What is the British equivalent of being able to shoot someone on Fifth Avenue and get away with it? The question of what Boris Johnson might need to do in order to derail his seemingly ineluctable ascent to become the next leader of the Conservative Party, and therefore become the next Prime Minister of the U.K., arose anew this weekend, after it was reported that police had been called to resolve a domestic dispute at Johnson’s current place of abode. The Guardian reported that, in the small hours of Friday morning—only hours after Johnson had easily moved forward to the final phase of the forthcoming leadership election—police arrived at the flat in Camberwell, South London, belonging to Carrie Symonds. Symonds, who works in public relations, is Johnson’s romantic partner, and he moved into her flat after his separation last year from his wife of a quarter century, Marina Wheeler, who is a senior barrister. Police were summoned, the newspaper reported, by a concerned couple who had overheard a voluble altercation, during which a woman could be heard saying “Get off me” and “Get out of my flat.” The neighbors, who had knocked at the door repeatedly to no avail, took the precaution of recording the sounds emanating from the apartment, and also took the liberty of supplying the recording to the Guardian. It reportedly included a loud crashing noise, of Johnson telling Symonds to “get off my fucking laptop,” and of Symonds castigating Johnson for spilling red wine on her sofa, saying, “You just don’t care for anything, because you’re spoilt. You have no care for money or anything.”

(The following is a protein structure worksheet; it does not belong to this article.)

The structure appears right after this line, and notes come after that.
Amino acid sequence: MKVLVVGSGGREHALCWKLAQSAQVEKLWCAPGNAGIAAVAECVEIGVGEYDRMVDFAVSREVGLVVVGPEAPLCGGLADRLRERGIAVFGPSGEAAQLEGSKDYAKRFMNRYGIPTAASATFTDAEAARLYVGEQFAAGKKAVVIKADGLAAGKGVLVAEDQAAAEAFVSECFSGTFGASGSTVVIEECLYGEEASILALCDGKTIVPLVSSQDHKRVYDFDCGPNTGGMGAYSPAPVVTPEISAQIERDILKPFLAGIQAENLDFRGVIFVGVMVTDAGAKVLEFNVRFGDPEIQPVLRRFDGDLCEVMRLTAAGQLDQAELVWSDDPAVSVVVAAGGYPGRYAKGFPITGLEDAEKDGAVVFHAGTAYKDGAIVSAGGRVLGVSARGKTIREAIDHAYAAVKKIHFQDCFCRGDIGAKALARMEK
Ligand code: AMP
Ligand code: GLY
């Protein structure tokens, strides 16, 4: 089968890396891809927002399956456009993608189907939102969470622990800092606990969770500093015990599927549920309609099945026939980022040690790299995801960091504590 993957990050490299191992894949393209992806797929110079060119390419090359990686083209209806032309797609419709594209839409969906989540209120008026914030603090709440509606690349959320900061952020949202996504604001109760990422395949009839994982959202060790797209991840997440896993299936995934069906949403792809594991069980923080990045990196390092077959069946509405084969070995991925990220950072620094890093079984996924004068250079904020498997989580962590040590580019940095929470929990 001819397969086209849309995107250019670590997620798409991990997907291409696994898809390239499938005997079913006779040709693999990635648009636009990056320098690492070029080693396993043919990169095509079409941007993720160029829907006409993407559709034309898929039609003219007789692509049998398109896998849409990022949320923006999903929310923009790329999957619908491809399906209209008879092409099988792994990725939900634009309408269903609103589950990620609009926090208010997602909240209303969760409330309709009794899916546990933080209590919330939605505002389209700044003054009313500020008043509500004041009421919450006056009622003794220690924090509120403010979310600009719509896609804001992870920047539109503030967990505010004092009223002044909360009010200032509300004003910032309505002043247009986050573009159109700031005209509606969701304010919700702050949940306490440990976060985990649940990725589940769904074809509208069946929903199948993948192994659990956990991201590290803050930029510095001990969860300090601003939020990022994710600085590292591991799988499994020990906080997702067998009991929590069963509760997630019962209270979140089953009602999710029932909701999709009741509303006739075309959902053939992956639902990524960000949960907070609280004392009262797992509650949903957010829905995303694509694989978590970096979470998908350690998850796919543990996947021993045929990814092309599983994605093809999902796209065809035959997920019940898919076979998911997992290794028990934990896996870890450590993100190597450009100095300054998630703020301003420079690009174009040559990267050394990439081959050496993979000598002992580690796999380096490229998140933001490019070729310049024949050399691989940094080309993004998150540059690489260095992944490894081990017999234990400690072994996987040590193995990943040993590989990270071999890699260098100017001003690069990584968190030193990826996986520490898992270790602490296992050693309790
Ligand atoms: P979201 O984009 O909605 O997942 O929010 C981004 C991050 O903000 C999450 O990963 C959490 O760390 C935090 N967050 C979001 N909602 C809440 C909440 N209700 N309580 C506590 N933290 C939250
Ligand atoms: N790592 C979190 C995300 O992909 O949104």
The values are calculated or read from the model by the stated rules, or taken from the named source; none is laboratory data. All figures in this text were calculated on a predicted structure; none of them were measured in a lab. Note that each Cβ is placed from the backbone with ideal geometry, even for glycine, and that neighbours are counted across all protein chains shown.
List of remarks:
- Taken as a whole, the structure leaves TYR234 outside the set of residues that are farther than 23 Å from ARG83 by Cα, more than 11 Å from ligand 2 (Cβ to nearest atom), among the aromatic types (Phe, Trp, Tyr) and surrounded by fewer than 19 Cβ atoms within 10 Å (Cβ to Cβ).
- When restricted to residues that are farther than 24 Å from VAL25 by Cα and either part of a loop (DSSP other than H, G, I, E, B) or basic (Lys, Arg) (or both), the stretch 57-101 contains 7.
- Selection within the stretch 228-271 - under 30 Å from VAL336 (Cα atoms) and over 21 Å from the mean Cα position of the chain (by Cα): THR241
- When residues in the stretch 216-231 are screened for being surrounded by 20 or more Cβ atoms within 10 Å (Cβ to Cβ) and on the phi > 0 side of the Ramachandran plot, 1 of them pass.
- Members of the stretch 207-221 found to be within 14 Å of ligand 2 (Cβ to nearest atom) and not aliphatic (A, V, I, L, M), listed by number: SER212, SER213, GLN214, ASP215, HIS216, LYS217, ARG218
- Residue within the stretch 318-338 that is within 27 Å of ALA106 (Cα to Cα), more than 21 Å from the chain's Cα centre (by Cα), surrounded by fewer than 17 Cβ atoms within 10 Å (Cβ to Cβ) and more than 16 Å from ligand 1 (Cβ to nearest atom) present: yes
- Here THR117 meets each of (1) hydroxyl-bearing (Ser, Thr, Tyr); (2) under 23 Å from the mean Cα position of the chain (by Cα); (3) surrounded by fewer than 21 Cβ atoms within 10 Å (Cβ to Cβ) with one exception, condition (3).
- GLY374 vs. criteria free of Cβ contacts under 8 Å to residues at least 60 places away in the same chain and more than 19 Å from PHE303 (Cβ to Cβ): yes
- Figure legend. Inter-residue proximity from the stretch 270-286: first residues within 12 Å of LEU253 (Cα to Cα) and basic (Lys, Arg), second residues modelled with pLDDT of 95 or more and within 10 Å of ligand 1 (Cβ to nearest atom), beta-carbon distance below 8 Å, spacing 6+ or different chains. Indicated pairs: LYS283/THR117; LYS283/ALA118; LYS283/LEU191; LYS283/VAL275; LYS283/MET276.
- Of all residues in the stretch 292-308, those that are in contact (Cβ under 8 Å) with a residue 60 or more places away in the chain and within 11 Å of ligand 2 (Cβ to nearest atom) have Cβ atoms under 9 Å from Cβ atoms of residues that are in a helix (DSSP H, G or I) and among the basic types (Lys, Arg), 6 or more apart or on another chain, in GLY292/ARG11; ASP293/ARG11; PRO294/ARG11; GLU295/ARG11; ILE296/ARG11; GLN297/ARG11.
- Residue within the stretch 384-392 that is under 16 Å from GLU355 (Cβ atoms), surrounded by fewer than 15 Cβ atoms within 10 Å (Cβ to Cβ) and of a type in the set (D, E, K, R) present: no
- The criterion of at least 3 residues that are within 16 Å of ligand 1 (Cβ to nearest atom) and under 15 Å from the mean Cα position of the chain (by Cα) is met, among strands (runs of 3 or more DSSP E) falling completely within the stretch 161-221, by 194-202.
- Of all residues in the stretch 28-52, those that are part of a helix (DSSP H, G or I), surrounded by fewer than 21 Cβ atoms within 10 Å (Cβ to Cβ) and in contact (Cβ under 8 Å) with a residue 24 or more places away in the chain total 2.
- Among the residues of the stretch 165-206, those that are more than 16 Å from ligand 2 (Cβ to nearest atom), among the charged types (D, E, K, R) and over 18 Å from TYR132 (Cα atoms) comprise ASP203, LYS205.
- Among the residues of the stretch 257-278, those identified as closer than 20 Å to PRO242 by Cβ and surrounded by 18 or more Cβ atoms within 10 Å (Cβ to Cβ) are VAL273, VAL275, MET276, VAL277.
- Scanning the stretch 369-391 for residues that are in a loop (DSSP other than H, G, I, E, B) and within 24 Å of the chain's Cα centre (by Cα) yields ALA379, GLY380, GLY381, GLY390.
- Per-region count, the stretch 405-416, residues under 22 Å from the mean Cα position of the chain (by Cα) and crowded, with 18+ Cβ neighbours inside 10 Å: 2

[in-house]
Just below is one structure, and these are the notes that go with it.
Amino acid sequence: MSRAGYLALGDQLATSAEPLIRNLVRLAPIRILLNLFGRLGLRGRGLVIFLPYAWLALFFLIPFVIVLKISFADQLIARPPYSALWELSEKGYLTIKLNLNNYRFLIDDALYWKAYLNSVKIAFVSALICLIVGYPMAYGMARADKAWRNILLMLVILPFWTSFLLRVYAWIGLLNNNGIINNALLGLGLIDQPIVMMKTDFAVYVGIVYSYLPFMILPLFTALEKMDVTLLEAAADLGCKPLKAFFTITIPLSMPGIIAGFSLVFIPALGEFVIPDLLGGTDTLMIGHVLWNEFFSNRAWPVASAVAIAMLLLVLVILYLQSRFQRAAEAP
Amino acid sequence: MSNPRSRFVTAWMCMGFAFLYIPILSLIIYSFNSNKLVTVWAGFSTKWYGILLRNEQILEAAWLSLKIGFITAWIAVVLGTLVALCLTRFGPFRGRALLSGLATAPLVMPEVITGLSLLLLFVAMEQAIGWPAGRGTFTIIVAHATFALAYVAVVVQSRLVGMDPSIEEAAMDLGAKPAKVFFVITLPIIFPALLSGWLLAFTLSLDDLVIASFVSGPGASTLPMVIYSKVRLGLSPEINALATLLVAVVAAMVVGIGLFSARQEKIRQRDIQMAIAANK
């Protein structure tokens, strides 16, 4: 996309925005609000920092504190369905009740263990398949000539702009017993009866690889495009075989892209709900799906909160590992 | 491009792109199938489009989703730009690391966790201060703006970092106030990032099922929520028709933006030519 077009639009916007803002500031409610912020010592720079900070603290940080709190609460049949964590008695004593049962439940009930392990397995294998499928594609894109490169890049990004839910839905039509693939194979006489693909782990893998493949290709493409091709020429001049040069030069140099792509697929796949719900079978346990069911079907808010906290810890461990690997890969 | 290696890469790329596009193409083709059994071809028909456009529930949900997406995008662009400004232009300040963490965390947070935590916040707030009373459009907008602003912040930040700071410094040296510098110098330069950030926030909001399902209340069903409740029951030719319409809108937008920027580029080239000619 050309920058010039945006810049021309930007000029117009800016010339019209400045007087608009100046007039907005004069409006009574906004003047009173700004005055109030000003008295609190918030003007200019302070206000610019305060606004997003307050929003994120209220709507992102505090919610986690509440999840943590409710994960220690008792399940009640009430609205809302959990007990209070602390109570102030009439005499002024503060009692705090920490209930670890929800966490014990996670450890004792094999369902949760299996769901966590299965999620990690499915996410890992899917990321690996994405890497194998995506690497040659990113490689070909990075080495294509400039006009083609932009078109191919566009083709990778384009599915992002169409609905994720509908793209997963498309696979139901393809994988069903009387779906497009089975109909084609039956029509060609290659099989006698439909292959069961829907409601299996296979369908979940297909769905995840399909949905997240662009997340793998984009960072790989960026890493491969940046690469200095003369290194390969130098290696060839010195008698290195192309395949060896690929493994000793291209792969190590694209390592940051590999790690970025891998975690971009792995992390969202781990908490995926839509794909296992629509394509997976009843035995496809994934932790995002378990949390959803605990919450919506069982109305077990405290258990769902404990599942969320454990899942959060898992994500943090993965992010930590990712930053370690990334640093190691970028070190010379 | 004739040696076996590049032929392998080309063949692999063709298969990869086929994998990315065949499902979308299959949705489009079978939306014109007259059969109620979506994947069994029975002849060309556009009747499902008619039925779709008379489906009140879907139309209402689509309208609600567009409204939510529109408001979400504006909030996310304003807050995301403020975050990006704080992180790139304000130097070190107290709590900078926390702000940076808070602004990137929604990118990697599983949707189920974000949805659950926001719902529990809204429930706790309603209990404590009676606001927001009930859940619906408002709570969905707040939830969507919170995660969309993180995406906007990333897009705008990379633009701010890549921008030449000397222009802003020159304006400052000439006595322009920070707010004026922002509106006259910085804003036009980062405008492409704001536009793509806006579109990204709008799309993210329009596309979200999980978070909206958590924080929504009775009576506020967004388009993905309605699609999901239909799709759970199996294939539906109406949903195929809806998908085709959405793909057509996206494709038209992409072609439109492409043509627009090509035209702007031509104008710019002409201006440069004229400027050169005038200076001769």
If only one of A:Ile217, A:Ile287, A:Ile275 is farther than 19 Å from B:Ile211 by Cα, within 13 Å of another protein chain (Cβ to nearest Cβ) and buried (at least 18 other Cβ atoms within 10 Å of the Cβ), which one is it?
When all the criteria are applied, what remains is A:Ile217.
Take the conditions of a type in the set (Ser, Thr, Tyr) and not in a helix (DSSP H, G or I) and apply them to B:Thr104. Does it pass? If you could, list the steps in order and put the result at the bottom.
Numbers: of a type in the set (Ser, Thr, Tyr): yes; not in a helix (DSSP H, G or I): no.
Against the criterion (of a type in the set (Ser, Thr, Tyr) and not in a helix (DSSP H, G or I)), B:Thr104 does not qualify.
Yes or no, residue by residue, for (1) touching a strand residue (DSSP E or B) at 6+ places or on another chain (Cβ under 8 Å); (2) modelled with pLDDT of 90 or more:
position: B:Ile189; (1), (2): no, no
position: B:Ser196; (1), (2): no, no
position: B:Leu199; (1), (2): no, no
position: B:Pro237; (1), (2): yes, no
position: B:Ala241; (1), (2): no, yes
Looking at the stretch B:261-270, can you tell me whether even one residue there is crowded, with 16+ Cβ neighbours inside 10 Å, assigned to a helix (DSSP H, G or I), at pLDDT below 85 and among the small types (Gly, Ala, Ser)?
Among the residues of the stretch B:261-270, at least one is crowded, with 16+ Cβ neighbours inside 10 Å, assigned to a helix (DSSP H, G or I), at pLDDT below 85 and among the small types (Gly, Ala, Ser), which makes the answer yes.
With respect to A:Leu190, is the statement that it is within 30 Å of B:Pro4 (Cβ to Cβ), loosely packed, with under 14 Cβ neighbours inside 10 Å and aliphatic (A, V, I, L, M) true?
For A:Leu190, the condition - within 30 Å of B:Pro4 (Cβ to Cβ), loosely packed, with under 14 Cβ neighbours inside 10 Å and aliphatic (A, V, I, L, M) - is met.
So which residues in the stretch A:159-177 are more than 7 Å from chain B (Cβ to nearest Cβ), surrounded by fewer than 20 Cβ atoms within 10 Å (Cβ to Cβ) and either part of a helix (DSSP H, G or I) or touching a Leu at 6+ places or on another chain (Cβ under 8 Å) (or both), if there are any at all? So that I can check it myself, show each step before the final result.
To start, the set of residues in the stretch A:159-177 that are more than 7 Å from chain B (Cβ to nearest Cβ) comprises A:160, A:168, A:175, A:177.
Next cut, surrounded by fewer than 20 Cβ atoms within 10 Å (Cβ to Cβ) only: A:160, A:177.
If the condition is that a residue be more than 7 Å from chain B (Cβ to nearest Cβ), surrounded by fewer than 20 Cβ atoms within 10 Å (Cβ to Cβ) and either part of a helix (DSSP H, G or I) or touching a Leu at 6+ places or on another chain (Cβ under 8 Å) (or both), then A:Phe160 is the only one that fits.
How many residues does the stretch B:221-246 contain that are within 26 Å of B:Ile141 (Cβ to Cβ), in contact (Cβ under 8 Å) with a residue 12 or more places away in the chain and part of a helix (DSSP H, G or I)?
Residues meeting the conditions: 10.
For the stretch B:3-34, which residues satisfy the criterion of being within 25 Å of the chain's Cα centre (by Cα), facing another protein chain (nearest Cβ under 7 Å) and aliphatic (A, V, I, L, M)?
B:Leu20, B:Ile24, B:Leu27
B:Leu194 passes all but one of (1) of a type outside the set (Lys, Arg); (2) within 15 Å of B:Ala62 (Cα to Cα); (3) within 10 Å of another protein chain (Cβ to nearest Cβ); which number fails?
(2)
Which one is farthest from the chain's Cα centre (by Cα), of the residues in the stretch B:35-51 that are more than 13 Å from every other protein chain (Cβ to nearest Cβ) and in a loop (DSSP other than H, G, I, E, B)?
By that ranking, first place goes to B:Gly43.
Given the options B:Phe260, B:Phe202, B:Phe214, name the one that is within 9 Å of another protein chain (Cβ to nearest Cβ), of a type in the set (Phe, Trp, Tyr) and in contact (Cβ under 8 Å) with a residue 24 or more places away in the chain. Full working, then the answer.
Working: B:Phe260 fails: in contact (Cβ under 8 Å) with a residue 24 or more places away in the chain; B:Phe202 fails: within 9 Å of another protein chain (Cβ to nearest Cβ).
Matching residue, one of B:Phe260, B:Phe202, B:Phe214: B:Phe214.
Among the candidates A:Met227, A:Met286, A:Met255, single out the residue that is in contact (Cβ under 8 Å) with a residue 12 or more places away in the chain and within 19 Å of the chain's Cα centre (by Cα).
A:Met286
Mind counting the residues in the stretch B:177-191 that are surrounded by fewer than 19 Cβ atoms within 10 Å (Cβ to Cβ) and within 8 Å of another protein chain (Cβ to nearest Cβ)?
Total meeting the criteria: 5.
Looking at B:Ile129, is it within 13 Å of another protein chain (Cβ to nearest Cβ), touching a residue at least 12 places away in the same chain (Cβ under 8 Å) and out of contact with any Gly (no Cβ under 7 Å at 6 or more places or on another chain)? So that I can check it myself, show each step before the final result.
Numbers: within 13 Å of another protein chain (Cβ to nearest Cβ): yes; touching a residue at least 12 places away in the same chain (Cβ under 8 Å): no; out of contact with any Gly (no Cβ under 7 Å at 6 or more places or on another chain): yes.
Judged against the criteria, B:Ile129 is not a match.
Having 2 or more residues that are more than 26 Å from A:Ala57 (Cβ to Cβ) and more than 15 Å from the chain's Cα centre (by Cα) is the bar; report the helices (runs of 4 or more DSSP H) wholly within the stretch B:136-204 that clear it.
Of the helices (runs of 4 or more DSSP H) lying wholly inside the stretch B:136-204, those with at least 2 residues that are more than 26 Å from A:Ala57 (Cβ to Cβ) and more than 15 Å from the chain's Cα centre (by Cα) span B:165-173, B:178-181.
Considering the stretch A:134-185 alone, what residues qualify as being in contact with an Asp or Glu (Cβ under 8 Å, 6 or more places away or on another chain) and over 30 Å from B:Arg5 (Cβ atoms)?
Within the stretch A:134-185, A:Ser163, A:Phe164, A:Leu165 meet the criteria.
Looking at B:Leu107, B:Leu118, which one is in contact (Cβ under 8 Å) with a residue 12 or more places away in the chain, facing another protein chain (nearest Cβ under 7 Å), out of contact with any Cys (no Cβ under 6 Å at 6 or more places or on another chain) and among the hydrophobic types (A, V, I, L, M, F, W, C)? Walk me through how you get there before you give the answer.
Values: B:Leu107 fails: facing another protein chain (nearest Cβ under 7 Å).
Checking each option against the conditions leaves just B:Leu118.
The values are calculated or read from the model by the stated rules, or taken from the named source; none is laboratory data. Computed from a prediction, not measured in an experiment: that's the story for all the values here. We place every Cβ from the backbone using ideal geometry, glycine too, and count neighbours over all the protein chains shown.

No arrests were made, the police apparently persuaded by Symonds and Johnson that the dispute was negligible. But, in the wake of the news, questions inevitably arose about whether the episode shone any light on Johnson’s fitness, or lack of it, to become Prime Minister—not simply because of the incident itself but because of Johnson’s manner of commenting on it, which has been to issue no comment. Appearing at a Tory hustings on Saturday, Johnson declined to address the events directly. “People are entitled to ask about me and my determination, my character, and what I want to do for the country,” Johnson said, insisting that the most important element in his character was his determination to insure that Britain leaves the E.U. by the October 31st deadline, either with or without an exit deal with its European neighbors in place. “When I make a promise in politics about what I’m going to do, I keep that promise and I deliver,” he went on, dismissing the altercation report by saying that people do not “want to hear about that kind of thing.”